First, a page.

[Rushtalk] Margaret Sanger on Abortion

John A. Quayle blueoval57 at verizon.net
Thu Jan 24 03:46:07 MST 2013



What Did Margaret Sanger Think about Abortion?

|  January 23rd, 2013 at 02:30 PM  |


Yesterday, January 22nd, 2013, is the anniversary 
of a date that should live in infamy. It was the 
40th anniversary of the Roe v. Wade decision that 
legalized abortion throughout the United States.

At the forefront of the pro-abortion movement 
stands Planned Parenthood. Margaret Sanger, the 
organization’s founder, has a reputation as both 
a racist and eugenicist, but her words on 
abortion might surprise people. Take a look at some of her writings:

<http://www.bartleby.com/1013/2.html>Chapter II 
of her 1920 book Woman and the New Race, she states the following:

So, too, with woman’s struggle for emancipation. 
Women in all lands and all ages have 
instinctively desired family limitation. Usually 
this desire has been laid to economic pressure. 
Frequently the pressure has existed, but the 
driving force behind woman’s aspiration toward 
freedom has lain deeper. It has asserted itself 
among the rich and among the poor, among the 
intelligent and the unintelligent. It has been 
manifested in such horrors as infanticide, child abandonment and abortion.

 From <http://www.bartleby.com/1013/10.html>Chapter X of the same:

While there are cases where even the law 
recognizes an abortion as justifiable if 
recommended by a physician, I assert that the 
hundreds of thousands of abortions performed in 
America each year are a disgrace to civilization.

She doesn’t stop there, though. 
a speech to the Sixth International 
Neo-Malthusian and Birth Control Conference, she said the following:

Human society must protect its children–yes, but 
prenatal care is most essential! The child-to-be, 
as yet not called into being, has rights no less imperative.

In 1930, Pope Pius XII wrote his encyclical 
Castii Connubii, which reaffirmed the Roman 
Catholic Church’s prohibition of abortion. In 
1931, Sanger wrote this 
her response to the encyclical:

Birth Control Does Not Mean Abortion

“The real alternative to birth control is 
abortion,” wrote Dean Inge, in his article 
already quoted. It is an alternative that I 
cannot too strongly condemn. Although abortion 
may be resorted to in order to save the life of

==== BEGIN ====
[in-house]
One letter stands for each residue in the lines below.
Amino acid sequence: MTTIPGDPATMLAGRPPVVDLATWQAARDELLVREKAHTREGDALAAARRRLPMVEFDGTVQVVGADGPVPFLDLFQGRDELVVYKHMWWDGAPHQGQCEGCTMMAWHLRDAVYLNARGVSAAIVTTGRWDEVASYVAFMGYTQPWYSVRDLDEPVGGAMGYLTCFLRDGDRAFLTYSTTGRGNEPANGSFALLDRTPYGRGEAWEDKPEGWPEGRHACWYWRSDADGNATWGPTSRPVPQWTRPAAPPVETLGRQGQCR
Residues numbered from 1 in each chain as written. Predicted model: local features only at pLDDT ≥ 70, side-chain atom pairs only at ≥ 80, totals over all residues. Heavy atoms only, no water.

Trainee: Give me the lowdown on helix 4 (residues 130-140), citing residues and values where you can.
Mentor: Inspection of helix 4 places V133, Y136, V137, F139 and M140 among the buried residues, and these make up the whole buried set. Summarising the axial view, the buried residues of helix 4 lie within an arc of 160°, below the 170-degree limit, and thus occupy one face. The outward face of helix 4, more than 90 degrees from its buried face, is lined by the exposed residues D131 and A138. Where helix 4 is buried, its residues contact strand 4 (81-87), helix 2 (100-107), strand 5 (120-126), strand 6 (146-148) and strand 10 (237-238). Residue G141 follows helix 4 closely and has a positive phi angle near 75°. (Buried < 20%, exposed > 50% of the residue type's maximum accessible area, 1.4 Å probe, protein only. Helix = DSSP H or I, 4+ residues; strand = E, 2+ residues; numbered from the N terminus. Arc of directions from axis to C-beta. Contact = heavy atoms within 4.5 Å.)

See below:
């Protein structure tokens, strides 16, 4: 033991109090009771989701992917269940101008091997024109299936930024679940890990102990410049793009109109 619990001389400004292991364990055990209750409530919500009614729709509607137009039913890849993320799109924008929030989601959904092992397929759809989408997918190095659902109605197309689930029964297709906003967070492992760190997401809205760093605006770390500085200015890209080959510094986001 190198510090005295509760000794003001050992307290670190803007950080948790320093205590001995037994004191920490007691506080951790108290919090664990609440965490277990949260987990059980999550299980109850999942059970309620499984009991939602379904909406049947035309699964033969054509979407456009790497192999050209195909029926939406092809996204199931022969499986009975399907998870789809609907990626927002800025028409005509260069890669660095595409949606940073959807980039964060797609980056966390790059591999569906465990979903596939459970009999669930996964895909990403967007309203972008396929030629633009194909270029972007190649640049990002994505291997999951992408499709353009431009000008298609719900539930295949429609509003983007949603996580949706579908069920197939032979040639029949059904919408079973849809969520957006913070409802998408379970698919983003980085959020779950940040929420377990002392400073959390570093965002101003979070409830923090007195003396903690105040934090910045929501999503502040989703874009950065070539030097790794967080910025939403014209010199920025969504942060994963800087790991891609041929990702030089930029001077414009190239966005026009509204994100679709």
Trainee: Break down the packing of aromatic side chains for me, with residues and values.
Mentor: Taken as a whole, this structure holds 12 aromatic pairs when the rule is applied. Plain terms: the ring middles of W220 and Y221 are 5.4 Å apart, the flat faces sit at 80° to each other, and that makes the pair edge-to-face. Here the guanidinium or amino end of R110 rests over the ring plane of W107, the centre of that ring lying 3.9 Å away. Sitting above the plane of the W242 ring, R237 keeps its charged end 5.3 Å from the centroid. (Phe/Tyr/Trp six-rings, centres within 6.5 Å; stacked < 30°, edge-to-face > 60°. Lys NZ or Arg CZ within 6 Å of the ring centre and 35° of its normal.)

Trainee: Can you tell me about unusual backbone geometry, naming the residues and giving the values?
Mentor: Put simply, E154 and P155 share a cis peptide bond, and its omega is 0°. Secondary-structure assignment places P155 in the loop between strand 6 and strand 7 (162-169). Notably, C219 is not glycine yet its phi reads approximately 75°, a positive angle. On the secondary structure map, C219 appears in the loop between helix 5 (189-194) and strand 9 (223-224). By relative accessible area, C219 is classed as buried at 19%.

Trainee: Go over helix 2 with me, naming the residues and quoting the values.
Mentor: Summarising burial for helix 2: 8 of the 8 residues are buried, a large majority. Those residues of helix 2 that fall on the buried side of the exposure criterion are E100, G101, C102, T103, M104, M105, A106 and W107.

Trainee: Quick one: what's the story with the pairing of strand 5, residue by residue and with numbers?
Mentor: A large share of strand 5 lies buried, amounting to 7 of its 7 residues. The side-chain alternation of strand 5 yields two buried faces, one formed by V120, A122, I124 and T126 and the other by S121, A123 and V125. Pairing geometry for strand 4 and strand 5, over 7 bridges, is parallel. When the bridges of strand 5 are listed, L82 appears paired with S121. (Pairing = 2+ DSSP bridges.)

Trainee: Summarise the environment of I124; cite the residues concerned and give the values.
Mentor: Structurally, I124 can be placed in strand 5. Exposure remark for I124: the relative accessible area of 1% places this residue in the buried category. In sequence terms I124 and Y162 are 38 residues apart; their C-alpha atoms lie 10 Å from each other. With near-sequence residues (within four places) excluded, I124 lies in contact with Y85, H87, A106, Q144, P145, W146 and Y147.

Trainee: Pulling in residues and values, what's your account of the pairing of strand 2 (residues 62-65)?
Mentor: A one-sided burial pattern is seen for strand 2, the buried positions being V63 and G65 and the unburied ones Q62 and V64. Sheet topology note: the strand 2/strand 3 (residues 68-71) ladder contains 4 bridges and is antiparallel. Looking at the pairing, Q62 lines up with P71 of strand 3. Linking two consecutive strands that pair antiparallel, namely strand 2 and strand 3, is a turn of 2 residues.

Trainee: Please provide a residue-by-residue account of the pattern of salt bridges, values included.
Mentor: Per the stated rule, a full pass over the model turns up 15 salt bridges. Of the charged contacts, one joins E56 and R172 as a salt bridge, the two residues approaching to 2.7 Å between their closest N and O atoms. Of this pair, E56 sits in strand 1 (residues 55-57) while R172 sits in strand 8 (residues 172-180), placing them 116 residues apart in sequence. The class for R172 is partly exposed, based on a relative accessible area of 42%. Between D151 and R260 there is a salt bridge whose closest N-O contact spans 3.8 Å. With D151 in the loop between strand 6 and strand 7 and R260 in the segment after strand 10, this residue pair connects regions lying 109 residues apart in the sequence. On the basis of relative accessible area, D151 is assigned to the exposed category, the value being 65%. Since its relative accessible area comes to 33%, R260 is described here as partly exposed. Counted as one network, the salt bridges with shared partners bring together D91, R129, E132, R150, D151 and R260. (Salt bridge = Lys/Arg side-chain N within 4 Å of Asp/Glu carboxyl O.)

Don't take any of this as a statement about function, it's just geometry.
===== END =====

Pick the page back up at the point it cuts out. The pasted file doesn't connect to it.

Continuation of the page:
the mother, the practice of it merely for 
limitation of offspring is dangerous and vicious. 
I bring up the subject here only because some 
ill-informed persons have the notion that when we 
speak of birth control we include abortion as a 
method. We certainly do not. Abortion destroys 
the already fertilized ovum or the embryo; 
contraception, as I have carefully explained, 
prevents the fertilizing of the ovum by keeping 
the male cells away. Thus it prevents the beginning of life.

In her 1938 autobiography, Sanger says the following on page 217:

To each group we explained simply what 
contraception was; that abortion was the wrong 
way­no matter how early it was performed it was 
taking life; that contraception was the better 
way, the safer way­it took a little time, a 
little trouble, but was well worth while in the 
long run, because life had not begun.

Now, as I said before, Sanger has a reputation as 
a racist and eugenicist, particularly among the 
pro-life movement. Such an assessment of her 
beliefs is definitely accurate, 
this video from the American Life League explains this very well.

Nevertheless, it is important to point out what 
she didn’t advocate, and that was abortion. 
review of four different books on Sanger from 
Dave Tell at the Weekly Standard, published at 
Roe’s 30th anniversary, offers the best 
assessment of her beliefs, with the most important part for this post being:

One final misconception about Mrs. Sanger must 
also be addressed, it seems, and in this case the 
truth will terribly inconvenience the propaganda 
efforts all around. It is not right, pace Planned 
Parenthood, that Margaret Sanger declined to 
advocate abortion on grounds that it was then a 
dangerous and illegal surgery. “There are cases 
where even the law recognizes an abortion as 
justifiable if recommended by a physician,” she 
wrote in 1920, and “we know that abortion, when 
performed by skilled hands, under right 
conditions, brings almost no danger to the life 
of the patient.” On the evidence in “The Woman 
Rebel,” the real reason Sanger declined to 
advocate abortion, notwithstanding the law’s 
flexibility and what she took to be the 
procedure’s safety, is that abortion appalled her.

She turned women seeking abortions away from her 
clinics: “I do not approve of abortion.” She 
called it “sordid,” “abhorrent,” “terrible,” 
“barbaric,” a “horror.” She called abortionists 
“blood-sucking men with MD after their names who 
perform operations for the price of so-and-so.” 
She called the results of abortion “an outrageous 
slaughter,” “infanticide,” “foeticide,” and “the 
killing of babies.” And Margaret Sanger, who knew 
a thing or two about contraception, said that 
birth control “has nothing to do with abortion, 
it has nothing to do with interfering with or 
disturbing life after conception has taken 
place.” Birth control stands alone: “It is the 
first, last, and final step we all are to take to 
have real human emancipation.”

Now, I am not trying to make Margaret Sanger out 
to be a forgotten saint for the pro-life 
movement, and there are many out there who might 
disagree with her on even contraception. 
Nevertheless, she did not condone abortion, and 
it appears she was even revolted by the 
procedure. In fact, Planned Parenthood itself did 
not offer abortions until the mid-to-late 1960s, once she had died.

So, for all of Margaret Sanger’s many issues and 
flaws, even she appears to have had some sort of standards.
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